Tri State Trail Vision has contributed $500 toward the amount needed to transport and house the researchers. Your contribution of $25 will cover a “mile’s worth” of the additional $650 that we’re hoping to raise. Make your check payable to “Tri State Trail Vision” and mail to TSTV Treasurer Michael Loebach, 1155 Rosedale, Dubuque, IA 52001. Contributions are needed by July 7th.

(+) Tony

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Your Friends in Spandex

A Shout Out from the Telegraph Herald Editorial Board:

Bike to Work Week – May 14-18 (TH Editorial)

Maybe your bike has been sitting in the garage collecting dust since September — or longer. Or maybe you took advantage of the summer-like March weather and got out on two wheels.

Either way, you have a chance to get it in gear with Dubuque’s Bike to Work Week. May 14-18 has been designated Bike to Work Week, with advantages for those who are ready to toss the car keys aside and give pedal power a try for a week.

If you haven’t explored the city’s trails in awhile, you might find you’re able to hop on a path for part of your commute. You can get from the West Side (Asbury and the Northwest Arterial) to downtown (22nd Street) via trail these days, and more paths connect other areas.

Lots of businesses in town support having employees bike to work — as well they should. Workplace wellness efforts lead to less sick time and employees being less stressed. And the ride probably won’t take as long as you think. You don’t have to do it every day. Take a look at your schedule and figure out what days will work best. Then go to THonline.com and sign up.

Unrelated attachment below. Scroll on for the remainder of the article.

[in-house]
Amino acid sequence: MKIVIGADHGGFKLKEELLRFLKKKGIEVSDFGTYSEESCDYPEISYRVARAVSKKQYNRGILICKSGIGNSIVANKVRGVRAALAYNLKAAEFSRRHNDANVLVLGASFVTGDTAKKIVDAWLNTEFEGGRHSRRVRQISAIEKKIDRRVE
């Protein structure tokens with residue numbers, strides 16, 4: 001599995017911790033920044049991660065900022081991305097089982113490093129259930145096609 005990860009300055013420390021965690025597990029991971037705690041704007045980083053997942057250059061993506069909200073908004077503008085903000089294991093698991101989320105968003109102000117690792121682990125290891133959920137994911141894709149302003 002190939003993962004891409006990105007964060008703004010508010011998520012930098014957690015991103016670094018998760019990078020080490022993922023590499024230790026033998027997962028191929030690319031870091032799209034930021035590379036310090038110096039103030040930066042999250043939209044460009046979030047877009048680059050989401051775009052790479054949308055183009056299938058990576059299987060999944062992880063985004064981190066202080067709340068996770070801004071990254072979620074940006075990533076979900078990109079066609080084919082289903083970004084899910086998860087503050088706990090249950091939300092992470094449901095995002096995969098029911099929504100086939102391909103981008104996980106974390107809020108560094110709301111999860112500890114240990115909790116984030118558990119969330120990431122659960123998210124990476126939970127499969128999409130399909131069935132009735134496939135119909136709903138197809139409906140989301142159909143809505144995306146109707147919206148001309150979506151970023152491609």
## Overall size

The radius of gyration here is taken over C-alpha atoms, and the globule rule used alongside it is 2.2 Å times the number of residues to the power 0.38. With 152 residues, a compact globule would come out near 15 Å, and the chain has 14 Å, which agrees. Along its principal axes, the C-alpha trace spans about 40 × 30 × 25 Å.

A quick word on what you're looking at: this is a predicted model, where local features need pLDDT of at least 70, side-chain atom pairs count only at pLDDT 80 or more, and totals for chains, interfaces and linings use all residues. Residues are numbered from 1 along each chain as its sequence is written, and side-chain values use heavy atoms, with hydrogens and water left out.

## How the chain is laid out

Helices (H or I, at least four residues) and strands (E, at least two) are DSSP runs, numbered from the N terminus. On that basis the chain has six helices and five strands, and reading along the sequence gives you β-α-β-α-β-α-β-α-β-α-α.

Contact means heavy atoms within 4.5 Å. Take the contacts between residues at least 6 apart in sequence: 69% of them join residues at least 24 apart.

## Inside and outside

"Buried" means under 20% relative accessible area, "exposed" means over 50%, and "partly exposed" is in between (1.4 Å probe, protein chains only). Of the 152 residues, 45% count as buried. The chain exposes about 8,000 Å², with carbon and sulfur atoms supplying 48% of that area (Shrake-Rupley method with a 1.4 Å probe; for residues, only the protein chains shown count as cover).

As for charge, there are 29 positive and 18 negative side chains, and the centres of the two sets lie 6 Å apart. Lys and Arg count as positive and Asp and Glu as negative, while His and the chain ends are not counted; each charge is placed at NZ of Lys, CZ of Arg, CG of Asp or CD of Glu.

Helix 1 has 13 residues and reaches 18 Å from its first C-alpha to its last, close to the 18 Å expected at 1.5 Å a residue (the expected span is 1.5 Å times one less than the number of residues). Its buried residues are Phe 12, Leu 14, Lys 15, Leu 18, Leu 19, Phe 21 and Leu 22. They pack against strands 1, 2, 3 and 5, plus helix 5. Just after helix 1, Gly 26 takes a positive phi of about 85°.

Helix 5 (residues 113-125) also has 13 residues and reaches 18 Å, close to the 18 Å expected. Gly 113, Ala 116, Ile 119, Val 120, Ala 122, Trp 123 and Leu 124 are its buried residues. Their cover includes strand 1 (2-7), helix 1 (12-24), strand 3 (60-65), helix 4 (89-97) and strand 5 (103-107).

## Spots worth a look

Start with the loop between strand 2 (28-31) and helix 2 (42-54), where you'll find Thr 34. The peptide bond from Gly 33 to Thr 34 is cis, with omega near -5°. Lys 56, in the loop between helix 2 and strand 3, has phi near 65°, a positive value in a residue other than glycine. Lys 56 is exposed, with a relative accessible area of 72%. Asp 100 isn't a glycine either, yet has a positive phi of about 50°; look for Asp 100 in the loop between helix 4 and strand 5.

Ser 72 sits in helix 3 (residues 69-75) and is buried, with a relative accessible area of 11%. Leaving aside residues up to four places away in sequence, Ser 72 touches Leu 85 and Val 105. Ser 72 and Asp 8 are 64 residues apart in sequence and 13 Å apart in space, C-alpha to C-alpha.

Even if you don’t plan to ride, Bike to Work Week should be on your radar. There’s no better time for drivers to be more aware of bicycles and the need to share the road. Failure to do so is a mistake of potentially fatal proportions.

Bicyclists have to follow the same rules as drivers of motor vehicles, and they are afforded the same rights to the roadway as motorists. There are far too many drivers in and around Dubuque who see the cyclist as a nuisance who deserves to be honked at, cut off and cursed.

Bike to Work Week is a great time to start making more effort to share the road. Your friends in spandex will thank you.

Editorials reflect the consensus of the Telegraph Herald Editorial Board.  (TH 5-7-12)

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All City Buses Now Equipped with Bike Racks

Parrish Marugg, owner of Bicycle World in Dubuque, spearheaded a campaign in 2010 to raise funds to purchase bike racks for all city buses. Corporate sponsors, such as Bicycle World, American Trust Bank, Tri-Cor Insurance, Dubuque Bank and Trust, Dubuque Bicycle Club, Chain Reaction, joined a number of individual donors. All contributed to match grant funds from the former Keyline Bus system. When the bus system, now called The Jule Transit, switched to newer buses, the bike racks were installed onto the new buses.

Marugg explains that the racks sit in front of the bus engine. Furthermore, he encourages bike riders to watch a short video link illustrating the easy three-step process to secure a bike to the rack. The video also reviews rider etiquette towards the bus driver and other bike patrons, and a link is provided on the TSTV website under the “Rack & Ride” heading.

Thanks goes out to Parrish Marugg for making Dubuque a more bike-friendly place for all of its riders. When the weather or Dubuque’s hilly conditions wear you out, let The Jule whisk you and your bike away.